Loving someone for ten years isn't really about that person. You can love anyone or be annoyed or bored by anyone. It's not about their personal qualities or character. It's about how open you are. It's about what you see in people and how you interpret what they say and do. We keep believing in fairy tales and thinking that true love comes from somewhere outside, like a meteorite or gamma rays. You can really only feel the love that you feel. If you want to be shaken up and transformed by crazy love, you have to make it happen inside yourself. You turn on the spigot of love and keep turning it until it quits sputtering a thin, rusty trickle and gushes out, clear and pure.
It just so happens that the man I chose is a terrific human being. I dote on him. He's one of the coolest, most interesting people I ever met. I only found out all these cool things about him after I got to know him, though. I looked for certain things, to check if they were there, and they were. He's brave. He's strong. He's hilarious. He's generous. He's sweet. He's confusing sometimes, and he reacts differently than I would in the same situations, and he has his own particular value system that is tougher than mine in some ways. He still surprises me. I don't know all his stories yet. Sometimes, he says things that stop me in my tracks and have me following him around for days, asking him to tell me more. I married him because I believed him when he said he thought there could be something more. He was right. There's still more. There will always be more because he keeps growing and changing and improving over time. I hope I do, too. That's the commitment.
Marriage is about being a mutual admiration society. It's about reflecting each other back to each other, providing a beneficent mirror that helps us see ourselves truly and recognize our weak spots. It's about cheerleading. It's about facilitating each other to live the best life possible, and that means being the best self possible, and sometimes that means being tough on each other. We've had some moments of radical candor that took real humility and courage on both sides. That's where the trust comes from. We'll never fake each other out. We have each other's backs. He's on my zombie apocalypse squad. We're like two sparrows in a nest, and he's my sparrow, and I'm his.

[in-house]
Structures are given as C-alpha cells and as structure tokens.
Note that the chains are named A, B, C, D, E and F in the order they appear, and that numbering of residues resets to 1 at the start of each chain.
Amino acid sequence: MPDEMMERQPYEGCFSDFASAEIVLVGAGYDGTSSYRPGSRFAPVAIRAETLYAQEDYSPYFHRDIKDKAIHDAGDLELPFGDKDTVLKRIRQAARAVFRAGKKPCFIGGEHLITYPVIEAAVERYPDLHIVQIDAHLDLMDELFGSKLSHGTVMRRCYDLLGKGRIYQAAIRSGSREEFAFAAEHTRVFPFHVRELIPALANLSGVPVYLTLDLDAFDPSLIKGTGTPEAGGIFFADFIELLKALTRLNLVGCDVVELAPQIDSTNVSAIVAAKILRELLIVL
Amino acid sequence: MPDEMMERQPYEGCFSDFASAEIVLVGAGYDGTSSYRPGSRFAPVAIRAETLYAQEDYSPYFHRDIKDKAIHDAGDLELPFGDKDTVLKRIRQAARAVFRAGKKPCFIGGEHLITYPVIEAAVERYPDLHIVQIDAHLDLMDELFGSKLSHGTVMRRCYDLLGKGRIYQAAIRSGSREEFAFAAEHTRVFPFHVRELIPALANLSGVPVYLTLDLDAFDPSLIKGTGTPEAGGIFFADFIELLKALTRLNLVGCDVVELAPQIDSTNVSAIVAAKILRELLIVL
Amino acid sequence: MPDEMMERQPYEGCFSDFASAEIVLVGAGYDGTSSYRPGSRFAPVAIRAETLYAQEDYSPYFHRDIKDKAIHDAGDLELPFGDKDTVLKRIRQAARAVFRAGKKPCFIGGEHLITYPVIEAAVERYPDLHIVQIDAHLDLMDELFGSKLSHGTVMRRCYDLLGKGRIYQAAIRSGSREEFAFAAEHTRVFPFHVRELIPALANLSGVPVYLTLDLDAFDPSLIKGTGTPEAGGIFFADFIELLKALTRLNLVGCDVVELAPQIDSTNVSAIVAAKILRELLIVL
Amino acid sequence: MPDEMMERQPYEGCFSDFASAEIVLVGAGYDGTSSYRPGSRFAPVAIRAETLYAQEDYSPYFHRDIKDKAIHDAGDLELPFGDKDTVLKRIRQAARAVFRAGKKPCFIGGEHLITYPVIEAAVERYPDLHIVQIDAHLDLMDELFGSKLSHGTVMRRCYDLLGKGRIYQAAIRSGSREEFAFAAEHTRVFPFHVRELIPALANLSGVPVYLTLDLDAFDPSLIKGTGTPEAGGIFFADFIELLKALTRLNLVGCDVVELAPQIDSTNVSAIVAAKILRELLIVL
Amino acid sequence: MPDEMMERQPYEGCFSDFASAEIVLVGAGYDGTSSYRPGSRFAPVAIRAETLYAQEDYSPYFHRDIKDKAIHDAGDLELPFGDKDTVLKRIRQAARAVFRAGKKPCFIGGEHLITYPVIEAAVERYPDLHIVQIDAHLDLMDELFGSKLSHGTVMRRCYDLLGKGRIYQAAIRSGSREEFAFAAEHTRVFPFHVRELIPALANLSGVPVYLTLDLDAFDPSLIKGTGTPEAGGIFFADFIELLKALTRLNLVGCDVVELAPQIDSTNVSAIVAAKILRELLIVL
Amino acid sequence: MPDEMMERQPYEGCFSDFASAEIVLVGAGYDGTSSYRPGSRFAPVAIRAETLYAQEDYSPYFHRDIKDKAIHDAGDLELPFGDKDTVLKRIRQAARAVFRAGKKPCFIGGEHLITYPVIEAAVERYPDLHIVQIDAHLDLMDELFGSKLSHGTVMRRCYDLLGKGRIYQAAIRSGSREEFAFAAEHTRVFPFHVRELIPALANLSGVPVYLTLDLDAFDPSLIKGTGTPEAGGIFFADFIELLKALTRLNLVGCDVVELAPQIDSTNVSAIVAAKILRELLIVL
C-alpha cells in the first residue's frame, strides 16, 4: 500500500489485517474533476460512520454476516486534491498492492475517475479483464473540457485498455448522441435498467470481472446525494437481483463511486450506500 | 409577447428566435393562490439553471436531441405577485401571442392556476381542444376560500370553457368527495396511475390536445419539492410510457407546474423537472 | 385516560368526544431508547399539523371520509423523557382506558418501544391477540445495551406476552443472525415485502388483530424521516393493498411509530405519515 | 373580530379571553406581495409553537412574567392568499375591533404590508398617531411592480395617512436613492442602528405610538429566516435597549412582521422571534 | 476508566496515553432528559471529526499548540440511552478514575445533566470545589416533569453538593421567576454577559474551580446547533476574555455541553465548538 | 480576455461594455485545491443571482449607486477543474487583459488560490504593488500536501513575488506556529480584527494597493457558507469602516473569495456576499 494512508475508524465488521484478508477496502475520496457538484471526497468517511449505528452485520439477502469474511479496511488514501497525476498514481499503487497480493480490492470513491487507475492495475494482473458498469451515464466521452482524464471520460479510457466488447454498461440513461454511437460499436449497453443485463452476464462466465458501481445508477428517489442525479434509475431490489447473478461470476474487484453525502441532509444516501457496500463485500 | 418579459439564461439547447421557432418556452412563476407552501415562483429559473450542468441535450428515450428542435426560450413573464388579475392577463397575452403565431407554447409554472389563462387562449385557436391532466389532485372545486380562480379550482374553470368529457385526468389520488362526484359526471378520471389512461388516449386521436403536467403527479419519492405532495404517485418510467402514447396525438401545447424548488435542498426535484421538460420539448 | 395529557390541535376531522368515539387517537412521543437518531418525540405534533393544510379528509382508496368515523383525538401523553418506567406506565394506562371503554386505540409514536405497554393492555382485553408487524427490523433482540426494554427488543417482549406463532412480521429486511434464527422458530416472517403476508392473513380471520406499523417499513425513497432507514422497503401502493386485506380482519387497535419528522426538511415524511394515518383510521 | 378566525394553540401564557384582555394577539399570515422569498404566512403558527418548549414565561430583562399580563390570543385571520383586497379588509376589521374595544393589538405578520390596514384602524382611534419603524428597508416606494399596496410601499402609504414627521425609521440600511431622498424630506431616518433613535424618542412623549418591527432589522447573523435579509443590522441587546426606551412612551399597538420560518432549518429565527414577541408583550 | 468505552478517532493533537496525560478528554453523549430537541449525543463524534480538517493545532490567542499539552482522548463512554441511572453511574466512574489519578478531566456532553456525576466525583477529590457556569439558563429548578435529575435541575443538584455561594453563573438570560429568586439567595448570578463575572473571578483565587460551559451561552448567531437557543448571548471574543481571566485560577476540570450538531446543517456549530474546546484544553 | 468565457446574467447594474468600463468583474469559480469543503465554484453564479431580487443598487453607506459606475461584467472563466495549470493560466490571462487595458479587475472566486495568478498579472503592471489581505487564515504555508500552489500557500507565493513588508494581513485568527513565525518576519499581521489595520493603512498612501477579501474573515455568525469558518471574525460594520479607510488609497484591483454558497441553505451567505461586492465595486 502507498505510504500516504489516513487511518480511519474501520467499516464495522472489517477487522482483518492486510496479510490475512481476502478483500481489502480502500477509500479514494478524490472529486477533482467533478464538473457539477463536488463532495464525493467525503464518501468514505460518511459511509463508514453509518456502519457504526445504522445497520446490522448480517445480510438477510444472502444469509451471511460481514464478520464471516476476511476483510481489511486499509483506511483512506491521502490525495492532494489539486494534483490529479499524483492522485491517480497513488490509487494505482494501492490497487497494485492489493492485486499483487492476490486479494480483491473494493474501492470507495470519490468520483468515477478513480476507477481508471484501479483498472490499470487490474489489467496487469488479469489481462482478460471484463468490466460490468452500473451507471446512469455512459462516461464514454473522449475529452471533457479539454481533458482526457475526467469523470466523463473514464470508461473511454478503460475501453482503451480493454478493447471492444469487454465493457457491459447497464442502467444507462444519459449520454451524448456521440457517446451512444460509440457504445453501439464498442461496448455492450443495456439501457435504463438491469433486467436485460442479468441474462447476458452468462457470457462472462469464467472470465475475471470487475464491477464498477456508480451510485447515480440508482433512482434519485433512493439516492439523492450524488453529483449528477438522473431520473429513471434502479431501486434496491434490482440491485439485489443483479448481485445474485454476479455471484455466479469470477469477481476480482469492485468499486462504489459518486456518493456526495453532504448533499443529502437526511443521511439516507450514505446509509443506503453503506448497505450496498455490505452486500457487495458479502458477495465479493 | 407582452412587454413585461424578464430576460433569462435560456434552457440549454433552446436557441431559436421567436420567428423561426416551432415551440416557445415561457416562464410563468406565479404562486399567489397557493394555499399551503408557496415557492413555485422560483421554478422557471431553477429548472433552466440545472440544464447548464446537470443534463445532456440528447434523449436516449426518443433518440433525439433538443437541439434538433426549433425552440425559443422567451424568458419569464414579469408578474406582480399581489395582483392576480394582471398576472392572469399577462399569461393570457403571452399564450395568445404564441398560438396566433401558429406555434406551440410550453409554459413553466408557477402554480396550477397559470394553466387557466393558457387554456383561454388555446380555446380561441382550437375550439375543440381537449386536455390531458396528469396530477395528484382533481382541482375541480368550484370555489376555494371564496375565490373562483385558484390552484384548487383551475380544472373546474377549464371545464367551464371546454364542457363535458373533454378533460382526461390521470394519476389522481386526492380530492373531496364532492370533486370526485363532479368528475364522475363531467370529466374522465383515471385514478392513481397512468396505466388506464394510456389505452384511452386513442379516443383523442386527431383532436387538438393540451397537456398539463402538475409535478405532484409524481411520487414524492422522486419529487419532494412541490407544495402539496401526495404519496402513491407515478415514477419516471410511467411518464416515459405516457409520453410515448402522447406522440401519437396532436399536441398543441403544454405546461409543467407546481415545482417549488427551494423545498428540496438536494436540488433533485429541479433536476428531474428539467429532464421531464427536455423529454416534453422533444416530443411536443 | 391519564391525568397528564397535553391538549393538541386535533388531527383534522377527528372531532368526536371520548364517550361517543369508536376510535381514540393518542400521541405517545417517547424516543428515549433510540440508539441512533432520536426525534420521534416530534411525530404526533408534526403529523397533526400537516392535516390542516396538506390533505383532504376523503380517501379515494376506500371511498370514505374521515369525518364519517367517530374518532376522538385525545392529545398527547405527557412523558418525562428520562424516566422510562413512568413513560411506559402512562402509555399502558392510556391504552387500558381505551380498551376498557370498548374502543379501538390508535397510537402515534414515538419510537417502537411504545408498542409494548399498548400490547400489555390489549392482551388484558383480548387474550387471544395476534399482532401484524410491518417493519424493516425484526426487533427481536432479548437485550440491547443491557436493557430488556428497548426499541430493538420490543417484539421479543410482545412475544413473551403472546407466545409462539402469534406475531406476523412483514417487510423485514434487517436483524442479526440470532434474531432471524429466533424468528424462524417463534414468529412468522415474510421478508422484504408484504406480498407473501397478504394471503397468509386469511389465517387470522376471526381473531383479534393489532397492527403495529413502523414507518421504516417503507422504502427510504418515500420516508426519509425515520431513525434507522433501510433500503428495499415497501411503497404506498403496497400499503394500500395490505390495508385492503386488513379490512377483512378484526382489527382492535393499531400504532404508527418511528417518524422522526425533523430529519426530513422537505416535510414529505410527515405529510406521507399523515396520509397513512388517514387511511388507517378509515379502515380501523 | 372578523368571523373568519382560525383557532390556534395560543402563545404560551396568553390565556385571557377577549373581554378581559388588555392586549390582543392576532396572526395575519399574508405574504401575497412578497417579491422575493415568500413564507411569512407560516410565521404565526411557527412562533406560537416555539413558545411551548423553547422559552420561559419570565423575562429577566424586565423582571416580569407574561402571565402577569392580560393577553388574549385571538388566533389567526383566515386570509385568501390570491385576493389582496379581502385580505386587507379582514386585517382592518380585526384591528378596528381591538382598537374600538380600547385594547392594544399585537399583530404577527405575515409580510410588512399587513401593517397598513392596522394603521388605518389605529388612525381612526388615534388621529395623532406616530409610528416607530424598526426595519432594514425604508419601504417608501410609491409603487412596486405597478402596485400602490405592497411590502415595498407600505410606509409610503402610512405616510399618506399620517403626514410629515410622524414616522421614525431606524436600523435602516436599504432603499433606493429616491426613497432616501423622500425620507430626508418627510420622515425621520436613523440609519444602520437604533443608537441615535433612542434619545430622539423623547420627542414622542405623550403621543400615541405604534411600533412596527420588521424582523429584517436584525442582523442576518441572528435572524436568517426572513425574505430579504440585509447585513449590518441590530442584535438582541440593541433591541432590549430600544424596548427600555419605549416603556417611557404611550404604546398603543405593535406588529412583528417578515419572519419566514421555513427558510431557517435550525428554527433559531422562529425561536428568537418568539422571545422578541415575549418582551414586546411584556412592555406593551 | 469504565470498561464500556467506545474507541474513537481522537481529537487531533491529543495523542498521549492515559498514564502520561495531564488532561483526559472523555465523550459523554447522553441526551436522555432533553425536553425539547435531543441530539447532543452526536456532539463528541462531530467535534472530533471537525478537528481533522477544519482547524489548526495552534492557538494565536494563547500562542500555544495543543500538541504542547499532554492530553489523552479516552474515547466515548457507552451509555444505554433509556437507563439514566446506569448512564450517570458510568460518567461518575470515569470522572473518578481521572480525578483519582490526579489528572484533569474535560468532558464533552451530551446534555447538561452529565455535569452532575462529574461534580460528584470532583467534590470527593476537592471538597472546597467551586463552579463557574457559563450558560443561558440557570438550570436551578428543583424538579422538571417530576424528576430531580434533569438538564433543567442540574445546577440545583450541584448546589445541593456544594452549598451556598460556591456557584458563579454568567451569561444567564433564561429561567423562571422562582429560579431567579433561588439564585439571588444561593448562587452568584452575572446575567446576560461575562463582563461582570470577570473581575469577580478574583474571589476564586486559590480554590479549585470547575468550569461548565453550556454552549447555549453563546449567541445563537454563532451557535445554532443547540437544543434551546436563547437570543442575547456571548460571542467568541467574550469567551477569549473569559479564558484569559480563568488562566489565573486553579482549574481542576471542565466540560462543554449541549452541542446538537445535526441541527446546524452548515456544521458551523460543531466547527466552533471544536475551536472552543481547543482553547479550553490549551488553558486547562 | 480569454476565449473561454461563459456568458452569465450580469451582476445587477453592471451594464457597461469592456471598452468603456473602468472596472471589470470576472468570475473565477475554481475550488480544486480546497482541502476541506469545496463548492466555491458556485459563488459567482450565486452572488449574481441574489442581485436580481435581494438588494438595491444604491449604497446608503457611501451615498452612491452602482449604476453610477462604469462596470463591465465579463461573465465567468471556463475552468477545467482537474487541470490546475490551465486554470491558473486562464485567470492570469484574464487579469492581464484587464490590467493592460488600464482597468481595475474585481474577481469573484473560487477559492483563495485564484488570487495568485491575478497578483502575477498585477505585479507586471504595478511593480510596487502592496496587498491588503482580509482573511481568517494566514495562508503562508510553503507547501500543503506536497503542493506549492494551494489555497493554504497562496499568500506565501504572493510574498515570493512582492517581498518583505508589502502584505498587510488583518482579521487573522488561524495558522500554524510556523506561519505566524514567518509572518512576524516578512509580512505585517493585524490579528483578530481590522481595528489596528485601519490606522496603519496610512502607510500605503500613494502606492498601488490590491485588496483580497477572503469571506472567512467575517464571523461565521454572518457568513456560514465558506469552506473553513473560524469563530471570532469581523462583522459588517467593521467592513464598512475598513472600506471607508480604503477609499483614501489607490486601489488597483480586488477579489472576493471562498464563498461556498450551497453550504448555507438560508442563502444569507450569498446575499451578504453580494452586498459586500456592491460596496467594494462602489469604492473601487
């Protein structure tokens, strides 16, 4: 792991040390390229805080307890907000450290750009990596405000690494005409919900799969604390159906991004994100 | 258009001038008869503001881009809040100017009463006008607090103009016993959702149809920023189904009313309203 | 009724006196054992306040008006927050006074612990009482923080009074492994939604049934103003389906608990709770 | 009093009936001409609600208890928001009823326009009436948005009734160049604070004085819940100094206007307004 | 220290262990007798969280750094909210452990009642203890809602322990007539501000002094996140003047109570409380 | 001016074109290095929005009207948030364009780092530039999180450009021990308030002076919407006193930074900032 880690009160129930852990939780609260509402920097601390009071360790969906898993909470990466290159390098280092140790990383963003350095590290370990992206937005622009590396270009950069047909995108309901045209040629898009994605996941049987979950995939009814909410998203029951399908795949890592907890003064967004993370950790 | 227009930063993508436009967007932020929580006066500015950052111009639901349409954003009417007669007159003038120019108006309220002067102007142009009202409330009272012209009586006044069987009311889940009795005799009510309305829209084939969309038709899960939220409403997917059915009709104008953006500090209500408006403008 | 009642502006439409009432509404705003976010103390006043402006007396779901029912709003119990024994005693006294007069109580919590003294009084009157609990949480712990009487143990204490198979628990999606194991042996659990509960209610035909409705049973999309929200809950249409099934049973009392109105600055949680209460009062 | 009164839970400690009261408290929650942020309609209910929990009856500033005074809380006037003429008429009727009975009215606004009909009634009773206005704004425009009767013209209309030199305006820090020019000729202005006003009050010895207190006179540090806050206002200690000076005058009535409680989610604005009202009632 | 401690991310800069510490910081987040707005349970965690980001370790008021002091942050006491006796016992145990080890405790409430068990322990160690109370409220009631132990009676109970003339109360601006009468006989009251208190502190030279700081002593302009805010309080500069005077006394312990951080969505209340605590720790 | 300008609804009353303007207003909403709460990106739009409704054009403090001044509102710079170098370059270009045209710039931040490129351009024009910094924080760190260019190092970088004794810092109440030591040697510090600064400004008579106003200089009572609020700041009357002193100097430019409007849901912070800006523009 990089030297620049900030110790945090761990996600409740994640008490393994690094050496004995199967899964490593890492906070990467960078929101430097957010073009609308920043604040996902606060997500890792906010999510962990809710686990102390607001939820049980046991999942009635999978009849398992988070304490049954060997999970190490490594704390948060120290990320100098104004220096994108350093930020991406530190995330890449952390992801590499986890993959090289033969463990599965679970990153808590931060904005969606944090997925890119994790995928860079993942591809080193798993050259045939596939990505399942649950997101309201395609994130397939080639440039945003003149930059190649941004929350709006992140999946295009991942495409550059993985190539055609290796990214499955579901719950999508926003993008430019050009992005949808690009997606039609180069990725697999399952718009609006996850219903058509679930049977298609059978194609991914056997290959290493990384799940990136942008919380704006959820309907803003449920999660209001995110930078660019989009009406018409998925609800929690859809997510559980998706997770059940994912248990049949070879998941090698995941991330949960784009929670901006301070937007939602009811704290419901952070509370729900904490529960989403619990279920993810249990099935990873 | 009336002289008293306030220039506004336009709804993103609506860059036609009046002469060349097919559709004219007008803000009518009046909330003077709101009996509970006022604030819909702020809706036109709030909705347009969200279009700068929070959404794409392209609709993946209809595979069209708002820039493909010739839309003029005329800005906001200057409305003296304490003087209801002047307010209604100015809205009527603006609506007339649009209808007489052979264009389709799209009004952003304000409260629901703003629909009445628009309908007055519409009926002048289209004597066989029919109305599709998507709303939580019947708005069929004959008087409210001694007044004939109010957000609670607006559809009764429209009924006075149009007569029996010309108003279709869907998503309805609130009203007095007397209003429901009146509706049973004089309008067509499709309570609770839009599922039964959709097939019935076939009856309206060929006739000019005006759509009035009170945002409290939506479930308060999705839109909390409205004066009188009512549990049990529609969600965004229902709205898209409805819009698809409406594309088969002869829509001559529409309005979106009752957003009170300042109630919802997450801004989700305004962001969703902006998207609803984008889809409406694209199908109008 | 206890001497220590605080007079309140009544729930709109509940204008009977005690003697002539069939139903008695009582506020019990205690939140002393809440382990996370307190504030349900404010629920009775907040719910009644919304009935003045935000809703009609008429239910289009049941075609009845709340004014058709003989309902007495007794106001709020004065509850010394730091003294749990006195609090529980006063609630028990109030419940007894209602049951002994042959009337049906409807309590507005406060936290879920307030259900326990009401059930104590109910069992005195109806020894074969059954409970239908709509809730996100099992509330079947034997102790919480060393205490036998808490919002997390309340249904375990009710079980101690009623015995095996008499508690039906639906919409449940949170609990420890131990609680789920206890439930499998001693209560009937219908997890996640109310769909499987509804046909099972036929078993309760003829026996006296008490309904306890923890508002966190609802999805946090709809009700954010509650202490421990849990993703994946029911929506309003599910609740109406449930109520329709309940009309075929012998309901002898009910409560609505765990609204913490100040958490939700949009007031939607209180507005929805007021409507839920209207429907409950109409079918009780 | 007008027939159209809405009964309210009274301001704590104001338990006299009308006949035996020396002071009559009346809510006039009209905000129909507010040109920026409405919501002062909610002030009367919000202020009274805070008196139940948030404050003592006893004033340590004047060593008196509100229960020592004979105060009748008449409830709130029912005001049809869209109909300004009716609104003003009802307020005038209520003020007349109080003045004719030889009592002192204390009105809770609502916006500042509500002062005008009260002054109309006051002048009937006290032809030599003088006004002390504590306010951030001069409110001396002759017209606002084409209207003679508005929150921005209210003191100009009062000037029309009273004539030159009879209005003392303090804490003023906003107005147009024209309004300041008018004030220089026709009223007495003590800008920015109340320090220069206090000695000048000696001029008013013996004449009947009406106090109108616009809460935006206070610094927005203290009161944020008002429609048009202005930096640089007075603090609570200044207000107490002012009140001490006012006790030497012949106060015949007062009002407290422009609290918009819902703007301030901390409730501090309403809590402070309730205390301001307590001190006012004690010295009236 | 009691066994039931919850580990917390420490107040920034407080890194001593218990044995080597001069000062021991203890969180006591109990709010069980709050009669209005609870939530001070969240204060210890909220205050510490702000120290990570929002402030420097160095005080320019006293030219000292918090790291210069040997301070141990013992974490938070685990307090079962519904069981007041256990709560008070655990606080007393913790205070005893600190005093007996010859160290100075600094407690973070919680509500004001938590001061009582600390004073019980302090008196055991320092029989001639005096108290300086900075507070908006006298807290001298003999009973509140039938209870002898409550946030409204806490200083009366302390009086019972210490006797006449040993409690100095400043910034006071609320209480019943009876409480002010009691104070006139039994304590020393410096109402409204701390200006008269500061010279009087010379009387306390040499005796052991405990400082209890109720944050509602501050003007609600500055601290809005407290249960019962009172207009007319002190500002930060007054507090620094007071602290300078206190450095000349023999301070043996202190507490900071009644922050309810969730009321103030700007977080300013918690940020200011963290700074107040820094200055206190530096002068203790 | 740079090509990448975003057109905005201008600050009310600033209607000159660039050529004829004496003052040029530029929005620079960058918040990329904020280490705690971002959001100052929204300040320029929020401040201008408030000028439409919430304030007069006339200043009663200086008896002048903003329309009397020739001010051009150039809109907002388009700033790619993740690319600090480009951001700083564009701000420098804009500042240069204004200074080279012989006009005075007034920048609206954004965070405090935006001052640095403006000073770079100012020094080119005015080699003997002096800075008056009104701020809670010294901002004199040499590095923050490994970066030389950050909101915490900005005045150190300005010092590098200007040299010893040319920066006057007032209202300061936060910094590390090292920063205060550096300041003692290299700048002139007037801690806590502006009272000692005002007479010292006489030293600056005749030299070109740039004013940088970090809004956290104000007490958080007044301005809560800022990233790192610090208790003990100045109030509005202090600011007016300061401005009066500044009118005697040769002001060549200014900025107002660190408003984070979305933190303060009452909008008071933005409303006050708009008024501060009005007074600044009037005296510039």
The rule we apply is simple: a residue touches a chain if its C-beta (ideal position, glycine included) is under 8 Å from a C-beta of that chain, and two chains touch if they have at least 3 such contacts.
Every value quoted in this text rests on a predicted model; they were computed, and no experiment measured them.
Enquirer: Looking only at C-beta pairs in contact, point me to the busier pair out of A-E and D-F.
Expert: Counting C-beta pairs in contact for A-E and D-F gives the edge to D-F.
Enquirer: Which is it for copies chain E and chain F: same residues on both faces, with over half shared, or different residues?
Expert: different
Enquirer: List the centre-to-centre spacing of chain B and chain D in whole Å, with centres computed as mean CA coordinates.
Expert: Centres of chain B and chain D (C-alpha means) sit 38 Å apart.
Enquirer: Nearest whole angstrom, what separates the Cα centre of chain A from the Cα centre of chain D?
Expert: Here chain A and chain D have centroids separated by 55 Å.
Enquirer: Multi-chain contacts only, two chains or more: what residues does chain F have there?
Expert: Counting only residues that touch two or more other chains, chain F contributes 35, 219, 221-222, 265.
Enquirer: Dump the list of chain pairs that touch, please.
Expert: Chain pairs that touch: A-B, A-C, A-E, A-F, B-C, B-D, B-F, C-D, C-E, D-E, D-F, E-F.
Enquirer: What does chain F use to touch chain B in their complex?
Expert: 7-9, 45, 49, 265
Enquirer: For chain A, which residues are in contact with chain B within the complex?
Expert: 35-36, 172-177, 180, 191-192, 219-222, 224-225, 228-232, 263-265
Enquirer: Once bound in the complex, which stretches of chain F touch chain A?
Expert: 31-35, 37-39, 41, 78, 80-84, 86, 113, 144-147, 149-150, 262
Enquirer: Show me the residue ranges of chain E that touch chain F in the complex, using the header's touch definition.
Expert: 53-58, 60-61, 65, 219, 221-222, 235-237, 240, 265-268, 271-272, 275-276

People often ask if you believe in love at first sight. He doesn't. I do. I mean, we did see each other and we did get married, so you can't really rule it out. It feels like fate. If I hadn't taken that temp assignment that day, if either of our previous marriages had worked out, if I had had enough money to follow up on my plan to teach English in Japan... So many things had to fall into place for us to meet. We've met thousands of people, though, and we only found each other when we found each other. Love is about the story you tell yourselves, the story of how lost and lonely you'd be without each other, the story of how ridiculous your life was when you were by yourself, like a bicycle with only one wheel. Maybe we're really more like two unicycles riding side by side.
Where will we be in another ten years? Who knows? I'm pretty sure we'll be together, if the Fates allow. I could never begin to explain all our inside jokes to someone else. We're a secret society with a closed membership of two. Somehow, we've gotten all wrapped up around each other. I think we share a brain. I know that at this point we share a heart.
I love you, babe. Thank you for being my somebody.
I've been working with chronic disorganization, squalor, and hoarding for over 20 years. I'm also a marathon runner who was diagnosed with fibromyalgia and thyroid disease 17 years ago.